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Are we really tackling the "evidence-based medicine issue" in Alzheimer's disease?

      Age-related medical conditions are increasingly becoming a research priority given the relevant burden for healthcare systems and the projected demographic changes occurring in our societies. Accordingly, several randomized controlled trials (RCTs) have being conducted in order to identify pharmacological and non-pharmacological interventions aimed at tackling their clinical manifestations and/or positively affecting their natural history. Besides testing the efficacy of interventions, RCTs should also provide a minimal core of key information allowing the results translation into the routine clinical practice. In other words, readers should be allowed to understand the potential generalizability of the findings to different settings and individuals (i.e., external validity) [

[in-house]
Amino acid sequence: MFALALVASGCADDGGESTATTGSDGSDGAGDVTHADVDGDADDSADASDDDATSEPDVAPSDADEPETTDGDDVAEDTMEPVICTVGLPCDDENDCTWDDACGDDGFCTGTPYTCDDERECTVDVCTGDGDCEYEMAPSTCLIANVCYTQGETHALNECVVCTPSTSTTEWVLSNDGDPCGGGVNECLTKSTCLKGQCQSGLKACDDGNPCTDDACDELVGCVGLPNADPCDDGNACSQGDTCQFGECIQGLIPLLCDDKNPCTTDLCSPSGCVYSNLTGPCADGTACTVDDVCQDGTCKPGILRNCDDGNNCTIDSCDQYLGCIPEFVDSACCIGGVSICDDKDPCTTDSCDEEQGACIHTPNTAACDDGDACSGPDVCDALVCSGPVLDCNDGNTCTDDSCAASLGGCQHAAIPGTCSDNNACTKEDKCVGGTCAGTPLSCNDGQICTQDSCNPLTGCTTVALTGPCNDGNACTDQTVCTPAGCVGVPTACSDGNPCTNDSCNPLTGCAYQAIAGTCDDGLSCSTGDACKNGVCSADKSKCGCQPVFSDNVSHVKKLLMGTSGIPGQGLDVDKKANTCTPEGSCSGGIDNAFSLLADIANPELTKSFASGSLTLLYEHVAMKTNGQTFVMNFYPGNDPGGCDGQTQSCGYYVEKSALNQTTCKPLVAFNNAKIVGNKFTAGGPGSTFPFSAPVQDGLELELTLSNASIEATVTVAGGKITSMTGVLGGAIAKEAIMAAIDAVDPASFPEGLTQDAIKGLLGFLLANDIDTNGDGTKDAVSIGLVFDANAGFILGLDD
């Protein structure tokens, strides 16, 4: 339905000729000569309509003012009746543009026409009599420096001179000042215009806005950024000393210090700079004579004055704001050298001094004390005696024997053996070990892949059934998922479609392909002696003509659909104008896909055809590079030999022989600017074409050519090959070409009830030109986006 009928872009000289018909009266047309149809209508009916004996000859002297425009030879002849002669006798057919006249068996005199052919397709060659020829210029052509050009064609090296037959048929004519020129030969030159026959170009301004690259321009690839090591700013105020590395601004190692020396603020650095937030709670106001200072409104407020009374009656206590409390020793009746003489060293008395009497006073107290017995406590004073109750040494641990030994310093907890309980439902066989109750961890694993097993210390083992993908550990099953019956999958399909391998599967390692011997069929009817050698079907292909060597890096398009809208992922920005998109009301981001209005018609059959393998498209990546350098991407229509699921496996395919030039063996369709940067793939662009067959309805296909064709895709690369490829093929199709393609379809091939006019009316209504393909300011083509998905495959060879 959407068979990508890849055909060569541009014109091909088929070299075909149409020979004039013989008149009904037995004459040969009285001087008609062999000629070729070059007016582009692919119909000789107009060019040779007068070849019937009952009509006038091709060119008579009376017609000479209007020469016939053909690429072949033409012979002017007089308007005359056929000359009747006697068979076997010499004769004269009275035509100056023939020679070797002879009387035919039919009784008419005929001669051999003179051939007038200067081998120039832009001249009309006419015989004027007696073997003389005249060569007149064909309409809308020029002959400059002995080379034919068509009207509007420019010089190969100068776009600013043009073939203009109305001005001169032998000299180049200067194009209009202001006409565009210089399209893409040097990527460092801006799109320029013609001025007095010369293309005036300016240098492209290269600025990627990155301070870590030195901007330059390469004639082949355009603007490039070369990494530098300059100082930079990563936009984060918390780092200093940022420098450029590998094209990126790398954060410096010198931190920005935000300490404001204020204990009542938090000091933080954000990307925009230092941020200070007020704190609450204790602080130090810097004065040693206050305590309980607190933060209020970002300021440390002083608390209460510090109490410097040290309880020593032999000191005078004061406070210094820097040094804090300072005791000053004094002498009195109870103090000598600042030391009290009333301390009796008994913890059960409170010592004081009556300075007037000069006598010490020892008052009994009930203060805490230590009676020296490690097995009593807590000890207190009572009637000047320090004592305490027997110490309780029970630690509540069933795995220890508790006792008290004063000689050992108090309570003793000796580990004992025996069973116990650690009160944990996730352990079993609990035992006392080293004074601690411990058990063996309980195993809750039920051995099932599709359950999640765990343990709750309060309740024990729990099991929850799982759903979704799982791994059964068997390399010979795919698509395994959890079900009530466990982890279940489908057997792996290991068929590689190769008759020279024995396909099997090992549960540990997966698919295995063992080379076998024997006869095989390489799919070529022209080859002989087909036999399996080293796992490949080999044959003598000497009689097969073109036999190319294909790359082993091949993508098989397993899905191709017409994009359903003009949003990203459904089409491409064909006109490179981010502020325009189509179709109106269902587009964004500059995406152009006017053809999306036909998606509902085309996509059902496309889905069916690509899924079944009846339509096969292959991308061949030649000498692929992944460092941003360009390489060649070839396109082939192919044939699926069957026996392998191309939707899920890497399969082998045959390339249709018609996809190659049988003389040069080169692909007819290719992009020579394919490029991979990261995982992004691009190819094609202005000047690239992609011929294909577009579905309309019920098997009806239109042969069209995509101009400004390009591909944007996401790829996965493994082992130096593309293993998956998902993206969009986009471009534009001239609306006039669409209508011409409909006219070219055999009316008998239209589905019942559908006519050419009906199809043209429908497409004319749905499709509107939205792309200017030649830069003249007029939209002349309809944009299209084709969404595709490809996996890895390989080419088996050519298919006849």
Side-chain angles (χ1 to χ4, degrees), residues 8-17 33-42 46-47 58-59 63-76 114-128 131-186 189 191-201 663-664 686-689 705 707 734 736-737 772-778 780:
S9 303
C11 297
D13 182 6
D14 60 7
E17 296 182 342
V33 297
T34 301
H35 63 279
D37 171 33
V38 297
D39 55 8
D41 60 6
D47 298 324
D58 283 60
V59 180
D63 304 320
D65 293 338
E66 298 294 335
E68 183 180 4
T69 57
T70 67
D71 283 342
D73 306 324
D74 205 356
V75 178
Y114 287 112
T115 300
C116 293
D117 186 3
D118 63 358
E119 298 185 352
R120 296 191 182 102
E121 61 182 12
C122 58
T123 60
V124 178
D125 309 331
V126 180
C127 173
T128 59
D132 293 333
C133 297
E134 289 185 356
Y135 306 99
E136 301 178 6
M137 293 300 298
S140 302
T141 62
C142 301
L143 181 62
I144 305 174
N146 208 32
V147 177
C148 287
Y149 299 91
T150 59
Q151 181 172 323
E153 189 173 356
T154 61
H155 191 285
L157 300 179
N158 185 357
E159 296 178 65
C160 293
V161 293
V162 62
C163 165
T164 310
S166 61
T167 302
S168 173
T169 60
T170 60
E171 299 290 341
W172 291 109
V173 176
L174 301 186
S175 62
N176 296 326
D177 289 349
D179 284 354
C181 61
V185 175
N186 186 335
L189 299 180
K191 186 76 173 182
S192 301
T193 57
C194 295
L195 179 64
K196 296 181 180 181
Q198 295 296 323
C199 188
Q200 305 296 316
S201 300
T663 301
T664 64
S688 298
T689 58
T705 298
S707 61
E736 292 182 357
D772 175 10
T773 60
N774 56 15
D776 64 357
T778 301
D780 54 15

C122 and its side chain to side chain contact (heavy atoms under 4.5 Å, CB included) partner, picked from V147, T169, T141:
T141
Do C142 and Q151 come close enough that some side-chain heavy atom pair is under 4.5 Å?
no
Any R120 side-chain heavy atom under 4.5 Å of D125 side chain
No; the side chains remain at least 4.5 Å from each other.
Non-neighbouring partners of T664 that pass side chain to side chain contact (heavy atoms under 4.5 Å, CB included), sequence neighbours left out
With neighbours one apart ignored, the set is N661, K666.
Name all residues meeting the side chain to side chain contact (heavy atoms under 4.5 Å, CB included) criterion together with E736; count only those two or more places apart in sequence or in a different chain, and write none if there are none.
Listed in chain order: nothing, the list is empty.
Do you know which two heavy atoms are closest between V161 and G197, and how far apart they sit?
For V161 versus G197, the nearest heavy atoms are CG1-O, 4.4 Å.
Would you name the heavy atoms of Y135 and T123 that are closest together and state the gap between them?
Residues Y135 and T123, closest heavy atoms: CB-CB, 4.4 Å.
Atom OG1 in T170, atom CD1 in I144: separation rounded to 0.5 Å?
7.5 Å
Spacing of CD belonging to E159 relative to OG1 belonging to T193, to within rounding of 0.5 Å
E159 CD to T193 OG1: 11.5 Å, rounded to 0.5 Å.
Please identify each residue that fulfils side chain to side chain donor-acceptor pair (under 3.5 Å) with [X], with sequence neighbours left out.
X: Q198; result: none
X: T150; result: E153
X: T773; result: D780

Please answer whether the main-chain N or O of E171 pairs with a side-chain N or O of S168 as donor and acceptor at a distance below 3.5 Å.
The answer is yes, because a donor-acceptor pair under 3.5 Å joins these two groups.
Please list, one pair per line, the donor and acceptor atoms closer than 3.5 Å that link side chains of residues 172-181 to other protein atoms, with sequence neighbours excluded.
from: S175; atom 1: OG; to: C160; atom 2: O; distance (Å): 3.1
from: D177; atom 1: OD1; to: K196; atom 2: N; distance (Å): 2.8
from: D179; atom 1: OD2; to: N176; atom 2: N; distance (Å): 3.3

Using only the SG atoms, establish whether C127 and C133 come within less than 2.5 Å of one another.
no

• Rothwell P.M.
      External validity of randomised controlled trials: “to whom do the results of this trial apply?”.
      ]. Such necessity is often particularly under pursued when older people are recruited, being challenging to properly capture and describe the main characteristics of such population (e.g., frailty, comorbidities, polypharmacy) [
      • McMurdo M.E.T.
      • Witham M.D.
      • Gillespie N.D.
      Including older people in clinical research.
      ]. This has likely contributed to a repeatedly documented lack of fit between elderly participants in clinical trials and healthcare users [
      ].

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